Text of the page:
The Lisa Anderson files (The Goodbyes series II)

“Some red wine, Miss Anderson?”

“… its image and its honor …
in practice …”

In what follows you find some excerpts of a dossier, that was only later known as “The Hair Brush Case”, or sometimes, more specifically, as “The Lisa Anderson files”, and in some more french-affine areas remembered as an episode named “Les gommes de Jackie”.

It all starts out with some few details Avital “the pet” Ronell felt free to convey to The Higher Ed on her writing of “The Massage Book. The last days of Jacques Derrida, or how I brushed the world’s superphilosopher”:

“He called me the minute he got out of the doctor’s office,” she says. “And I freaked out, of course.”

“He didn’t want a stranger to touch him”

She became something of a surrogate daughter to Derrida, or, in her words, “a pet.”

“I thought people were being selfish,” she says.

“… kinds of behavior …”

Now, unfortunately, we have to introduce the name of poor Dragan Kujundzic, whose life didnt stay quite the same in the course of the events in question.

Whatever the case, Mr. Kujundzic found himself accused of having an inappropriate relationship with a graduate student, a dilemma that looked as if it might short-circuit his promising career. He needed help. So he came to Derrida. In so doing, he set in motion a series of events that would permanently damage Derrida’s relationship with Irvine.

At one point Mr. Kujundzic commented on her short hair [sc: “May I brush your hair?”]. Ms. Anderson, who is epileptic [yeah, sure; ed.], told him she had brain surgery earlier that year to remove a tumor. She later argued in her lawsuit that her medical condition made her more vulnerable to the professor’s advances.

She asked if he was married. No, he said. A lie.

“… the presumed “innocence” of a 27- or 28-year-old woman …”

A putative lie’s aftermath: schmos, luncheons, and innocence interrupted. More from the pet.

[J. D.] attempts to elicit sympathy by revealing that the professor experienced “dramatic weight loss, depression, and so forth” as a result of the accusations
The letter ends with a threat. If the case against his friend is not “interrupted or canceled,” then Derrida will end “all my relations” with the university.

“Derrida wouldn’t have written that letter for some schmo,” Mr. Keenan says.

“This guy had nothing better to do than to ask Jacques for help,” [Ronell] says.

Mr. Kujundzic’s salary was reduced, and he was banned from the campus for two quarters without pay. He was not fired, as some thought he might be.

Derrida saw that outcome as unacceptable.

J. Hillis Miller, a longtime friend and fellow deconstructionist (at Irvine, they had lunch together once a week) whose own stature in the world of literary theory is considerable, spoke to Derrida a month before his death. As Mr. Miller describes it later, Derrida was outraged by the punishment.

“Yeah, Jackie, it’s a shifter––”

Jackie wears an, as always, discreetly striped jacket.
Dragan, on the other hand, sports a blood-tanned serbian leather vest.
(Cheap car, thou’).

“… what is called in French intime conviction …”

More letters, no papers – the plot’s a thickening:

More letters were exchanged between the university and Ms. Derrida. She held firm. No papers. No books. Nothing.

Then, in November of last year, Ms. Derrida, a psychoanalyst, returned from a session with a patient to find a uniformed official standing at her door. (That is how legal papers are served in France.) [ah, the French . . .; ed.]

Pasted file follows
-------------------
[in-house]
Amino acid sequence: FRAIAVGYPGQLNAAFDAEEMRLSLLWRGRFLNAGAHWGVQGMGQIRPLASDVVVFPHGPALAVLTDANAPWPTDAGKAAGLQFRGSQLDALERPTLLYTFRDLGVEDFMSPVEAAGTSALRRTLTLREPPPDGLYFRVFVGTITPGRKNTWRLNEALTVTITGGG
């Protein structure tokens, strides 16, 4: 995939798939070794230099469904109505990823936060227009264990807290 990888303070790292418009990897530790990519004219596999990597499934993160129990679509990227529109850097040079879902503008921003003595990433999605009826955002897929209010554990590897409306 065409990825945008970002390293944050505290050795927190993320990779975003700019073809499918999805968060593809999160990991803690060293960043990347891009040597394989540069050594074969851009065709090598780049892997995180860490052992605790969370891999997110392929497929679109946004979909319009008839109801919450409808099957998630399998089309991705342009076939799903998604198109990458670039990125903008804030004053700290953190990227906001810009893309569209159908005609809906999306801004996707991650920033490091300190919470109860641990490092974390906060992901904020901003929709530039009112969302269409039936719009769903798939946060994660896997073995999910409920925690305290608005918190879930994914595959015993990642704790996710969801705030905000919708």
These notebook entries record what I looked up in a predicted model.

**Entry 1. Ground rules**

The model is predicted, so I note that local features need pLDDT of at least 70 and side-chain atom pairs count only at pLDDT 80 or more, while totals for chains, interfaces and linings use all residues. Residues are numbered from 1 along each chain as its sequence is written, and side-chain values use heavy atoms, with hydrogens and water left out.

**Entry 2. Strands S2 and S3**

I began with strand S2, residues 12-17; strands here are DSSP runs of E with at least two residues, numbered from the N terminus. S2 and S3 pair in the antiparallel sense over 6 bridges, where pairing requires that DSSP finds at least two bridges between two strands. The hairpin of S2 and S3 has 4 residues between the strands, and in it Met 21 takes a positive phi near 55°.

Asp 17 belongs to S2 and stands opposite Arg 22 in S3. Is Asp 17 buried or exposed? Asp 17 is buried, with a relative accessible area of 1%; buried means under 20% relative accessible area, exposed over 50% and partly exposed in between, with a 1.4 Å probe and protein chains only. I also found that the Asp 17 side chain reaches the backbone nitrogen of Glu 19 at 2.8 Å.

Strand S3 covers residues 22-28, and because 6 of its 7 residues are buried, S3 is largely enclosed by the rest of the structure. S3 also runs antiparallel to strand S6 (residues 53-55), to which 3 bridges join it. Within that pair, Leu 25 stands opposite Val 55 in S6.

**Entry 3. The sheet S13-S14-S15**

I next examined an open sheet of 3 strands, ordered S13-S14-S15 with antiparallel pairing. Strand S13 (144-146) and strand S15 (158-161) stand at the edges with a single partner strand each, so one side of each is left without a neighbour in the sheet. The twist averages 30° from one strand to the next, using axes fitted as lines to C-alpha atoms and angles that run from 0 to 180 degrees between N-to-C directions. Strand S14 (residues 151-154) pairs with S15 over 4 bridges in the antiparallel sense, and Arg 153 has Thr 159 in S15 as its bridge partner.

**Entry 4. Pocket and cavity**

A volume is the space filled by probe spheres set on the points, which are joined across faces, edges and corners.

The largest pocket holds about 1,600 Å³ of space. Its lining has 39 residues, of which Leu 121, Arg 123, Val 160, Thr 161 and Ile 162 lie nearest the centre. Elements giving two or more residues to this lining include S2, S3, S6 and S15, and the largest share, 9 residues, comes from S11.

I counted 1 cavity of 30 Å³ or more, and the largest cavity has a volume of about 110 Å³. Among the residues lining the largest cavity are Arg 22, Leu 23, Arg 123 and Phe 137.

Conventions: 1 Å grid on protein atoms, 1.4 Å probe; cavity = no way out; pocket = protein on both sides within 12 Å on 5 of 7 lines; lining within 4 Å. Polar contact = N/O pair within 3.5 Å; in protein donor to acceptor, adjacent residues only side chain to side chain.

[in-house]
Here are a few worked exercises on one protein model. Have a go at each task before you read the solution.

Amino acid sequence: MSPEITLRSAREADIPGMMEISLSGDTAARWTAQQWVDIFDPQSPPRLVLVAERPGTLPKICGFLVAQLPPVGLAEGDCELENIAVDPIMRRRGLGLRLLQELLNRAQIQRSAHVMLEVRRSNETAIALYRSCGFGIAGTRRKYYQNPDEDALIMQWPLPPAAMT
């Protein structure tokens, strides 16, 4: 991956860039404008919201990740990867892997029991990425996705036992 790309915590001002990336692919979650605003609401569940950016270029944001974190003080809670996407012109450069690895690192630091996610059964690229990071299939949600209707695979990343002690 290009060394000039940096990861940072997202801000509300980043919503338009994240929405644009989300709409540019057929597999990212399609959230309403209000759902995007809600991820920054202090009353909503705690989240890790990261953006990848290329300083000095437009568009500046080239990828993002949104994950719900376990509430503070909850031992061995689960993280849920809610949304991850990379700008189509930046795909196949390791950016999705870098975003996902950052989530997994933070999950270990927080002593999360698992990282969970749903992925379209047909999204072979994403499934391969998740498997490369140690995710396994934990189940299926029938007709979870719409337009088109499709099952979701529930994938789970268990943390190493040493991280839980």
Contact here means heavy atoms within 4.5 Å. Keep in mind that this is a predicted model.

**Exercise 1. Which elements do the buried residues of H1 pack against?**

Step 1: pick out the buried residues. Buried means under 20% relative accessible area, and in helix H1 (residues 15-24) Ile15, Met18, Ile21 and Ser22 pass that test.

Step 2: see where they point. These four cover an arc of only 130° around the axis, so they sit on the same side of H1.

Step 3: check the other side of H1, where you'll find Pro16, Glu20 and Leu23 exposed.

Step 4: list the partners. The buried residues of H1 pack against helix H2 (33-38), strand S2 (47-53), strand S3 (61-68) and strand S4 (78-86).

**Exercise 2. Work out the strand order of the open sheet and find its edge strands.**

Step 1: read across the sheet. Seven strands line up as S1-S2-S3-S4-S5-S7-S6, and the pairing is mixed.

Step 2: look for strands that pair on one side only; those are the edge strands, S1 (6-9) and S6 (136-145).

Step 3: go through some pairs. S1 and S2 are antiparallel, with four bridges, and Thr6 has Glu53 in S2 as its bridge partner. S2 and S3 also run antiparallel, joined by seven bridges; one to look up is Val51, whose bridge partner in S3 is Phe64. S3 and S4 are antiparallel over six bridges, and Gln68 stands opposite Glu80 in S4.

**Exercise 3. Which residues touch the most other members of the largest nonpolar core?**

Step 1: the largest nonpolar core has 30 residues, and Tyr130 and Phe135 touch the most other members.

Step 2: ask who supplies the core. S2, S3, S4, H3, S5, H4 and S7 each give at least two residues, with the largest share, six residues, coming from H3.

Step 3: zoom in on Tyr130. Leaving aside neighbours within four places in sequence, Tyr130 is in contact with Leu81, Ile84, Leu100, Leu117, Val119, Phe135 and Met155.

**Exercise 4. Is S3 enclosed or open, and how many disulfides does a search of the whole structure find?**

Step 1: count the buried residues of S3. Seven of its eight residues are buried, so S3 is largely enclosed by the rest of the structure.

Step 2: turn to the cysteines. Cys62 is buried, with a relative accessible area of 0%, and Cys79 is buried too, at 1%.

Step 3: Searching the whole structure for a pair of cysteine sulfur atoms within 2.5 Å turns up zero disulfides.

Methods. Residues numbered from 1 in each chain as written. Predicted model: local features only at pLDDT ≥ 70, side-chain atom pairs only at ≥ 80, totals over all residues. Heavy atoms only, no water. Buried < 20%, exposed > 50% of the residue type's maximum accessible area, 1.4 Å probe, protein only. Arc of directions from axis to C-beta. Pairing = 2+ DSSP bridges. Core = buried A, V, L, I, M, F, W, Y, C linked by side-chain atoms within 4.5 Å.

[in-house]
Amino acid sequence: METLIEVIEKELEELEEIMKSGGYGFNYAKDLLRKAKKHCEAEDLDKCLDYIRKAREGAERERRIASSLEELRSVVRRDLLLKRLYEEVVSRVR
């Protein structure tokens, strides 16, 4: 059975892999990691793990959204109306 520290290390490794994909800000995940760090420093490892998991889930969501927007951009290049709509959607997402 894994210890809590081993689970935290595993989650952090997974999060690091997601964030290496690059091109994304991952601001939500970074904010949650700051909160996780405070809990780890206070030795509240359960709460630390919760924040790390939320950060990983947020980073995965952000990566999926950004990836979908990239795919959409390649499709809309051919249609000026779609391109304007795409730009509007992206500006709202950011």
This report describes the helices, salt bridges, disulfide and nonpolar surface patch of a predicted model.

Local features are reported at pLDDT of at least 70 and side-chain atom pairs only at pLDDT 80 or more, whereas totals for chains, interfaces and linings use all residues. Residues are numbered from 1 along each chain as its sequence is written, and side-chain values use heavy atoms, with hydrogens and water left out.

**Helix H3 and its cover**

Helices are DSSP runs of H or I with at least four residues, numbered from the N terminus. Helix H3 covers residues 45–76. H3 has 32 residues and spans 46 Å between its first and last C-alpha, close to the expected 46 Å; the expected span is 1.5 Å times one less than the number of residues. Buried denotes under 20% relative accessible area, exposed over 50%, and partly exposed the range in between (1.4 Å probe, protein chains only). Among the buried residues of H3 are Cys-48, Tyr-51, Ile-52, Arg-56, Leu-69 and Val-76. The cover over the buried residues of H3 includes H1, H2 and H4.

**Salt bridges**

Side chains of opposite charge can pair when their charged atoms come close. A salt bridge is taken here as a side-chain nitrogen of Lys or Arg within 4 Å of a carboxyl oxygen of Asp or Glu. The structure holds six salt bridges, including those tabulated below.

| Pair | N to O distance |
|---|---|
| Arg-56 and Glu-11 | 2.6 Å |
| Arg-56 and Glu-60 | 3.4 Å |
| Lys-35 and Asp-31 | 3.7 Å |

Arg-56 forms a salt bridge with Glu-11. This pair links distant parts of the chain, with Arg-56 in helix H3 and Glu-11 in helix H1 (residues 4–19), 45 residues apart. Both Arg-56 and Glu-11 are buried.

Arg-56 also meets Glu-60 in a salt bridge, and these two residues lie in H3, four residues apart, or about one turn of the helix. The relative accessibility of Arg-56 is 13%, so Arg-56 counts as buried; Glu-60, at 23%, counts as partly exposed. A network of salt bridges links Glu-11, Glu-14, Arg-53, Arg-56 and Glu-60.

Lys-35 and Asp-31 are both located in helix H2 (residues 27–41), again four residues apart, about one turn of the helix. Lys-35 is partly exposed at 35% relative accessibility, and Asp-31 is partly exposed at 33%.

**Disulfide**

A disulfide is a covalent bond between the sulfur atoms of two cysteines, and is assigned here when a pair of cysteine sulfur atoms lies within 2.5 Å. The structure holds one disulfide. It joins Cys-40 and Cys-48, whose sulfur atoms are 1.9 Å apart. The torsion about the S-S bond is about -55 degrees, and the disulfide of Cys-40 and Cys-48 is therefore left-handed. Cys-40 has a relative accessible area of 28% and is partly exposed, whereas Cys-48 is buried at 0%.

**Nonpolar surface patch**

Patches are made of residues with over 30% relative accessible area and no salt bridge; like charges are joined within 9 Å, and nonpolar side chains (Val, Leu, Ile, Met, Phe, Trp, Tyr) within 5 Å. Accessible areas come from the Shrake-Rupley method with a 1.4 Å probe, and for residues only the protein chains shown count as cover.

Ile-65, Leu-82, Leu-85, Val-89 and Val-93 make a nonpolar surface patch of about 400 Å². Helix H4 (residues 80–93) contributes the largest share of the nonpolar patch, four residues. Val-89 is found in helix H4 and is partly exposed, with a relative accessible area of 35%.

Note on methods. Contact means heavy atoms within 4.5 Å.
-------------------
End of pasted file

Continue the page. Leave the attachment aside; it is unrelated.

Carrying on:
The lawsuit also named a third son, whom Derrida had fathered with another woman. The inclusion of this third son [Professor Spivak declined to speak to The Chronicle at this time; ed.] seemed, to those who were close to Derrida, to be either a callous legal maneuver or a deliberate low blow.

Derrida’s fame had not translated into wealth for his family. He did not often insist on speaking fees, or even travel reimbursements. He didn’t like to talk about money. And he did not make much of it.

“… never take back what I have given …”

Finally, the erasers—, and Florida is a sunshine state.

Mr. Oram calls Derrida’s papers the cornerstone of Irvine’s critical-theory archive.

The settlement stipulated that no more papers would be transferred to Irvine. The remainder of the archive would go to the Institute of Contemporary Publishing Archives, located near the city of Caen in northwestern France. In addition, the university agreed to pay more than $16,000 to the Derrida family to cover their legal expenses.

“Do they want his personal library? Do they want his pencils and erasers? His computer? His clothes?” says Ms. Ronell, echoing Ms. Derrida’s anxiety.

What had Derrida intended to give?

Mr. Kujundzic, whose own troubles set the case in motion, he left Irvine to become chairman of the German- and Slavic-studies department at the University of Florida. He was removed as chairman less than a year later because the department “was not functioning optimally under his leadership,” according to a university spokesman. He remains a tenured professor there. Florida officials have said they were unaware at the time he was hired of the sexual-harassment charges made against him at Irvine.

Lisa Anderson, the graduate student who made the allegation against Mr. Kujundzic, has since left the University of California at Irvine.

The Chronicle of Higher Education’s Archive Fever (July 20, 2007)
The UCI Affair
Letter from Jacques Derrida to Ralph J. Cicerone, then Chancellor of UCI
Prof. Krapp’s first post
UC Irvine Critical Theory Archive Jacques Derrida
more, more, more, more, more, more, more (the 100k settlement)


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